Please can you give a brief introduction to ulcerative colitis (UC) and Crohn’s disease (CD)?
Ulcerative colitis and Crohn’s disease are idiopathic (we don’t know the cause) inflammatory diseases (IBD) of the colon and/or small bowel. They are chronic in that we do not have a medical cure and are differentiated from IBS (irritable bowel syndrome) by inflammation that causes ulcerations of the GI tract.
The inflammation and ulceration lead to symptoms of bleeding, diarrhea, abdominal pain that may be associated with “systemic” symptoms of weight loss, fever, night sweats and/or “extraintestinal symptoms” such as joint pains and arthritis, skin nodules or ulcers, inflammation of the eye, or inflammation of the liver.
How many people are affected by inflammatory bowel disease (IBD) and what proportions are affected by UC and CD respectively?
It has been estimated that 1‐2 million Americans are affected with nearly the same numbers of patients with UC and CD.
How is IBD typically treated and do treatments usually differ for UC and CD?
The treatments for UC and CD overlap greatly and are determined by the location and severity of inflammation.
Patients with mild colitis (inflammation of the colon) are treated with 5‐ASA drugs such as sulfasalazine, mesalamine, olsalazine or balsalazide. In addition, budesonide, a locally active steroid can be targeted to the end of the small intestine or colon.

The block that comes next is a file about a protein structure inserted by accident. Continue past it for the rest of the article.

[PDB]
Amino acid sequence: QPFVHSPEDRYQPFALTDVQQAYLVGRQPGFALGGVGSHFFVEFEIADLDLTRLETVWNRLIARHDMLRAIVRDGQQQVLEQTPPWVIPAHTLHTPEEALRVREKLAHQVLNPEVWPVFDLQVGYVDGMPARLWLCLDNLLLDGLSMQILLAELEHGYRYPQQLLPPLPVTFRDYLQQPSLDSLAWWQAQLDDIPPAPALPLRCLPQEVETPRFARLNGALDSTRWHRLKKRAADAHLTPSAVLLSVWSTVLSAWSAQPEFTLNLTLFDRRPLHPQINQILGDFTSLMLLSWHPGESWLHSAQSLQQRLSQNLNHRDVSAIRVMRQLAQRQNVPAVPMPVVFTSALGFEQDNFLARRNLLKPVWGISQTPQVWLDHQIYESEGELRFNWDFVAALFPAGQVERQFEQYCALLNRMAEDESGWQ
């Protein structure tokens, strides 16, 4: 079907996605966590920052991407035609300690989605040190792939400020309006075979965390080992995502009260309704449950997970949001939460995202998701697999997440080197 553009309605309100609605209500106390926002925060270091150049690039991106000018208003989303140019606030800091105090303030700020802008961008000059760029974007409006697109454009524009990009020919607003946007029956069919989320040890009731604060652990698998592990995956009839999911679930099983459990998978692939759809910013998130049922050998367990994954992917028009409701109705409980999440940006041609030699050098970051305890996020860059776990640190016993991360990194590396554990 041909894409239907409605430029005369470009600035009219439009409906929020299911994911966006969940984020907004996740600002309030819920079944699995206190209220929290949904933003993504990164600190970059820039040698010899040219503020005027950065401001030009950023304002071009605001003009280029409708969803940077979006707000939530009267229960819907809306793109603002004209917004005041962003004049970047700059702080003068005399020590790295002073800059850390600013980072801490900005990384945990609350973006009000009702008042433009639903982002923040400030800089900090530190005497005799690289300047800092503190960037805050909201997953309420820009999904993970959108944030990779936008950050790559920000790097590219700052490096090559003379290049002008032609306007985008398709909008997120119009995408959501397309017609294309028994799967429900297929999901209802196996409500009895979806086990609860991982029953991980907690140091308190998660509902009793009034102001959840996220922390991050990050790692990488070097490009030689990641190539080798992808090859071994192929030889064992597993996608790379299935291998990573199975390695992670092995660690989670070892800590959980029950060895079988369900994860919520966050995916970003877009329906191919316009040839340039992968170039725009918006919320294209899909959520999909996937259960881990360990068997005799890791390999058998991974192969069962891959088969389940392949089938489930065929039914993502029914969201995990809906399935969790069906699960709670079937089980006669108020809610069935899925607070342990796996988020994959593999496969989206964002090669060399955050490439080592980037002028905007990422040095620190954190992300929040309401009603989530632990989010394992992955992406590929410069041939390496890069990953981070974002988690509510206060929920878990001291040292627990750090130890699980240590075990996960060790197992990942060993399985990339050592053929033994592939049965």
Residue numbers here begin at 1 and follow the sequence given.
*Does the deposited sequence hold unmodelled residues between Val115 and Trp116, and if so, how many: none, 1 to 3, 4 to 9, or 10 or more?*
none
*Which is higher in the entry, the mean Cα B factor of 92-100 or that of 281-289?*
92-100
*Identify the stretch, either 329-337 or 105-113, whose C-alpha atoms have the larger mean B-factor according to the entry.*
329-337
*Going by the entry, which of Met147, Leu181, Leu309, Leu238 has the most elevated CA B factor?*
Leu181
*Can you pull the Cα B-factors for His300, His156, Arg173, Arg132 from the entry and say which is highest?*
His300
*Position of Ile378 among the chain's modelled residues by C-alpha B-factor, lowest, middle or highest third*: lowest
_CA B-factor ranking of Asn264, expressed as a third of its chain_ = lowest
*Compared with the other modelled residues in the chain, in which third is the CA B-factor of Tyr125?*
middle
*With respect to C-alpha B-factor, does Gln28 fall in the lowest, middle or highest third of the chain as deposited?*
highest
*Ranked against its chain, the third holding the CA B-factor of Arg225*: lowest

More moderate to severe disease is treated with prednisone, a systemic steroid and then once the disease is controlled, maintenance to prevent recurrent inflammation is treated long‐term with immunemodulating medications such as azathioprine, mercaptopurine or methotrexate.
Patients who don’t respond or cannot get off of steroids are treated with biologic agents that target a chemical of inflammation (TNF) or, most recently that target integrins on lymphocytes that prevent inflammatory cells from getting out of the blood stream and into tissues.
Please can you explain what a biologic therapy is?
In contrast to “conventional” therapies which are chemicals, biologic therapies are usually antibodies that have been created through cells or bacteria which can be designed to target protein structures.
How have biologics changed the treatment landscape for UC and CD?
Since the first introduction of infliximab (Remicade) in 1998 biologic therapy has significantly changed the prognosis for patients with moderate‐severe UC and CD by their ability to actually heal the intestinal ulcers and prevent subsequent ulcers from forming.
When we accomplish healing we prevent symptoms and subsequent complications and are able to reduce the need for surgery to remove affected segments of bowel.
Is there still a need for additional new treatment options for patients with moderately to severely active UC or CD?
While our current treatments are very effective and are able to improve and maintain the quality of life of the vast majority of our patients, there remain a sizeable proportion of patient who have an incomplete or inadequate response to even our most intensive therapies.